By Claire Carter, Research Assistant for Policy@Sussex
In the 50th anniversary year of SPRU (Science Policy Research Unit, University of Sussex), Dr Phil Johnstone looks at the history of its research in the UK nuclear sector.
In light of the government’s recent go-ahead for the controversial Hinkley power station – and a commitment to allocating 50% of its energy research to nuclear over the next five years – Dr Johnstone’s report comes at a pivotal time.
Dr Johnstone argues that history is in danger of repeating itself, with plans in the UK to build at least three new reactor types, as well as plans for Small Modular Reactors (SMRs) that are commercially unproven. Nuclear economics has always been a hotly debated topic for SPRU’s Professor Gordon MacKerron, who was critical of the government’s optimistic cost appraisals for nuclear new builds in the 1980s and 1990s. Professor MacKerron explains that increases in costs, due to more complex reactor design and higher safety standards, are not offset by cost reductions achieved through experience.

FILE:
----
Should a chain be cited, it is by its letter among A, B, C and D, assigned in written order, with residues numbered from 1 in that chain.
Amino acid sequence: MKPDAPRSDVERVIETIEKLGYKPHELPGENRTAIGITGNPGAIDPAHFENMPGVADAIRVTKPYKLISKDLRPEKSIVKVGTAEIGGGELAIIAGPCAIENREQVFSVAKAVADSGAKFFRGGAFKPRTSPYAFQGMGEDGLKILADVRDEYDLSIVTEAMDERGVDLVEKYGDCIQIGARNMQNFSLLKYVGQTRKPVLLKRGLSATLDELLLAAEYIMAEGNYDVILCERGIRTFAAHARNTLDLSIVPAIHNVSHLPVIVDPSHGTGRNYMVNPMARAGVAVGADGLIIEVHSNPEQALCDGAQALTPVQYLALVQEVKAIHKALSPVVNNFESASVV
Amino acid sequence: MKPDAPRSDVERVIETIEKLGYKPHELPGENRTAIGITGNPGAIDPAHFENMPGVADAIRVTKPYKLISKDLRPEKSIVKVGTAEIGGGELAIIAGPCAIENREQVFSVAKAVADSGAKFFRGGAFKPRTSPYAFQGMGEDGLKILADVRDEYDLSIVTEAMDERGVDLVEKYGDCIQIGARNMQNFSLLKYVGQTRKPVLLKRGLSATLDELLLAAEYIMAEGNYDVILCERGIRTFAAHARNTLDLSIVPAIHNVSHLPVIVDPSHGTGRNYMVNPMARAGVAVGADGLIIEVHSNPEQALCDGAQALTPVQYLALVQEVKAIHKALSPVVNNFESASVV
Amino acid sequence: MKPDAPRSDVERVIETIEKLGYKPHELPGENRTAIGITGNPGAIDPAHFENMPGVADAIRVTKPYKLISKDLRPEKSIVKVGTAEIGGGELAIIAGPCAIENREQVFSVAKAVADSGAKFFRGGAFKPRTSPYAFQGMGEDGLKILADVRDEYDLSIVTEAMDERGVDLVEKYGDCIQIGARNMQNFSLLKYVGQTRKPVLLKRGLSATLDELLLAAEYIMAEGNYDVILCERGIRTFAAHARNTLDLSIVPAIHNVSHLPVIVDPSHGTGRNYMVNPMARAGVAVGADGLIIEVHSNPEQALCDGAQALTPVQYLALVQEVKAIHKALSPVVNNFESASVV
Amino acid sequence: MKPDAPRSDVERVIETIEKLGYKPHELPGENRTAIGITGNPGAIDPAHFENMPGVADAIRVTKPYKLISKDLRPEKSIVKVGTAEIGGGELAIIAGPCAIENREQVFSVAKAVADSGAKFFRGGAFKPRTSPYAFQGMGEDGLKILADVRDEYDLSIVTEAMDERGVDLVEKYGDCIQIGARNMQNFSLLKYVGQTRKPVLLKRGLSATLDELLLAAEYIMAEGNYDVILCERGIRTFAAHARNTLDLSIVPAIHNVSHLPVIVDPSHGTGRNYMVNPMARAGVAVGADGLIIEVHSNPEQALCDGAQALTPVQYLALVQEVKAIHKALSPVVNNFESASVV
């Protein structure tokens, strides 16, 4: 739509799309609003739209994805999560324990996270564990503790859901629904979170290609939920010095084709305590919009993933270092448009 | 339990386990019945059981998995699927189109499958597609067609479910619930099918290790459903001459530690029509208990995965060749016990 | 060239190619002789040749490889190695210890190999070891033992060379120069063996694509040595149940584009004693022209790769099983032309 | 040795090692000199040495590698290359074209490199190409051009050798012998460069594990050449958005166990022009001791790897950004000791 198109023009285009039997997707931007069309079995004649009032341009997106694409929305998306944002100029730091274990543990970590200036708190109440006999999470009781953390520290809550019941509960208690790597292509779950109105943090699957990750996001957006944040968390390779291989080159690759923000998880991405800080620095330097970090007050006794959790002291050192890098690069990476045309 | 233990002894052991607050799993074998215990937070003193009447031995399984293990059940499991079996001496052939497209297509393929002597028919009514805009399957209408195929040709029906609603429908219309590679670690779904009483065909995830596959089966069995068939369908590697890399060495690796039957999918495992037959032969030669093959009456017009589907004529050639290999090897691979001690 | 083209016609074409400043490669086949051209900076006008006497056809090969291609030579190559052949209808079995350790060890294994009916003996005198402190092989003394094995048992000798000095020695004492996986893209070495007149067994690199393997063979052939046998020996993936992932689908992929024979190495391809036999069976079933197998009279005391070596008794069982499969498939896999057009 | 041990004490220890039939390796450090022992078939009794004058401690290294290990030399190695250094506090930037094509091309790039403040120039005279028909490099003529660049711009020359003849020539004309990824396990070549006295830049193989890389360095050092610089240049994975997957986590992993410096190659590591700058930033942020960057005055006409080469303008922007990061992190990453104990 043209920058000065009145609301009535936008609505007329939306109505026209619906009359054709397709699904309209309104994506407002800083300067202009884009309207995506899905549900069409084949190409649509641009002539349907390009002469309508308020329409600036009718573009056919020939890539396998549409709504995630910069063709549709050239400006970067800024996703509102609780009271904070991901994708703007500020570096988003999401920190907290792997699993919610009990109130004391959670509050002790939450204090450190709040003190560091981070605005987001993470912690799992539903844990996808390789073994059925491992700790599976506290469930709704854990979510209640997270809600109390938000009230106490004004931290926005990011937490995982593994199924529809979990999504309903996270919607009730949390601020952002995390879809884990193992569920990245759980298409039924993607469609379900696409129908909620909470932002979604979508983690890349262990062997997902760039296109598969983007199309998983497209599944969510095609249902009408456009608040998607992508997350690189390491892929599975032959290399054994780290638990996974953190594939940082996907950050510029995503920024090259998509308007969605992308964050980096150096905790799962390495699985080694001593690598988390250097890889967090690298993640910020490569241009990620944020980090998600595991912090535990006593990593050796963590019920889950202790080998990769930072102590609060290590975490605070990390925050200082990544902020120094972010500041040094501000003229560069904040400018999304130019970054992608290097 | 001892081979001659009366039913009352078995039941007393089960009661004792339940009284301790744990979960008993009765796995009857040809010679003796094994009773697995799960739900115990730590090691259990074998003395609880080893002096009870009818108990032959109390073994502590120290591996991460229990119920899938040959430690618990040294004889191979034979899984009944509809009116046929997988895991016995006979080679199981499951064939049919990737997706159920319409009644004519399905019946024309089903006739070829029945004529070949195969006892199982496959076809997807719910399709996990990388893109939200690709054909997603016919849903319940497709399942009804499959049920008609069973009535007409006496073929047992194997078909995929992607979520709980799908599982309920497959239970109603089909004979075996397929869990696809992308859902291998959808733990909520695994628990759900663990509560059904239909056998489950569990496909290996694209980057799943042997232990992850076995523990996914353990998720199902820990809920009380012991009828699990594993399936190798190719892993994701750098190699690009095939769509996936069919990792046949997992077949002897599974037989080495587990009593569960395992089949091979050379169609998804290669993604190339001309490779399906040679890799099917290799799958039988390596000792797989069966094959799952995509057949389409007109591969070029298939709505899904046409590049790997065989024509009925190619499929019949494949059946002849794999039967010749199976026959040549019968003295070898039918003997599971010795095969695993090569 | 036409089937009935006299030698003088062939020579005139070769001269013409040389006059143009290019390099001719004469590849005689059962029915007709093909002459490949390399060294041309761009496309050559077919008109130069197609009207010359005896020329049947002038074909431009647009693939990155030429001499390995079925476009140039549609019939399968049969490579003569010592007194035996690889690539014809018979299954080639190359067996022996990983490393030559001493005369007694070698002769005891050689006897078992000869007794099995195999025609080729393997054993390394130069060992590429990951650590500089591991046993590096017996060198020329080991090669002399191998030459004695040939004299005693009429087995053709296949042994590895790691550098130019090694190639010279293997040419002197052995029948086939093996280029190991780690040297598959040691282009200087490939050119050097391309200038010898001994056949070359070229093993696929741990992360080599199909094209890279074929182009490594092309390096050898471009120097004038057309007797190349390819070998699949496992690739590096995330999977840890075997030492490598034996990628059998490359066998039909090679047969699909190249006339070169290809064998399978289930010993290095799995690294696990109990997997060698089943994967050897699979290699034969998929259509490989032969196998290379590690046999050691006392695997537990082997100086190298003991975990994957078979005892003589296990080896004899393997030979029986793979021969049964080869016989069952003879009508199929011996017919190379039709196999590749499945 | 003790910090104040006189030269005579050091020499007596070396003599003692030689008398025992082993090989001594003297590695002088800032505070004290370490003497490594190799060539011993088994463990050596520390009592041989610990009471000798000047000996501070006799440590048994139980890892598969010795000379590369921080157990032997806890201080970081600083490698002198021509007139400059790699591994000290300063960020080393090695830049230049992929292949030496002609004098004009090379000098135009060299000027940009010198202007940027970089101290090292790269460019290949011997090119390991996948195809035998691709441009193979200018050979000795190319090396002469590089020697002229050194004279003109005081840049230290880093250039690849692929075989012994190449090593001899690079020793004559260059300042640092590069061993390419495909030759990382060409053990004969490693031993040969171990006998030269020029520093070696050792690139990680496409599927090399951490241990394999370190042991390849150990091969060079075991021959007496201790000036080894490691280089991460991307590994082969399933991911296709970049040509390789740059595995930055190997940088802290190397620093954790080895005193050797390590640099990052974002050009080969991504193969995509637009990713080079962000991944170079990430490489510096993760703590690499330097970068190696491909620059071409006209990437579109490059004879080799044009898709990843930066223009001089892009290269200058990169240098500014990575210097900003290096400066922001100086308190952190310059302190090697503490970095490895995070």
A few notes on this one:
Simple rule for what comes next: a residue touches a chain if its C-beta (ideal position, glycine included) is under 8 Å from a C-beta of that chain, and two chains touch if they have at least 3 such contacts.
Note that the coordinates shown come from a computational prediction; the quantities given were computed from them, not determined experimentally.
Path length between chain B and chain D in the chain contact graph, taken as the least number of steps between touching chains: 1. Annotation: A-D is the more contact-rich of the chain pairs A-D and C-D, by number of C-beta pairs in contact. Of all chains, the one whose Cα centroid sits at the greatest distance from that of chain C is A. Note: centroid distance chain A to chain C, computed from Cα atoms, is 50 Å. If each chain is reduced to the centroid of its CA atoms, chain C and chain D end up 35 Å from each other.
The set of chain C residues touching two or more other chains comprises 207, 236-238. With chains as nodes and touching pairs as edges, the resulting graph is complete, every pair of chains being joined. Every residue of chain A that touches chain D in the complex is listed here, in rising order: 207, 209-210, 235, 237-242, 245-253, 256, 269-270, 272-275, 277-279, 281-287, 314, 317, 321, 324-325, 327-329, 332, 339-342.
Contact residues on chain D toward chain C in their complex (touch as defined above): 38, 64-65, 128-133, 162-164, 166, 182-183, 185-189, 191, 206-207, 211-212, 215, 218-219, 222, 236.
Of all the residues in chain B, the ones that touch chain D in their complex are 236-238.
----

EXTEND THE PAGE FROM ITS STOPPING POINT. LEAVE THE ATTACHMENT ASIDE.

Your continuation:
In addition to nuclear economics, the handling of nuclear waste is another highly contentious area. In 2013, Cumbria County Council rejected an application for the siting of a geological waste disposal facility – an indisputable knock to public acceptability of an ambitious nuclear new build program.
It should further be noted that the UK has the largest stockpile in the world of civil plutonium (a by-product of spent uranium fuel) and there is yet to be government clarity on dealing with this issue. Professor MacKerron, who is Chair of the Committee on Radioactive Waste Management (CoRWM), has conducted an evaluation of the policy options for plutonium.
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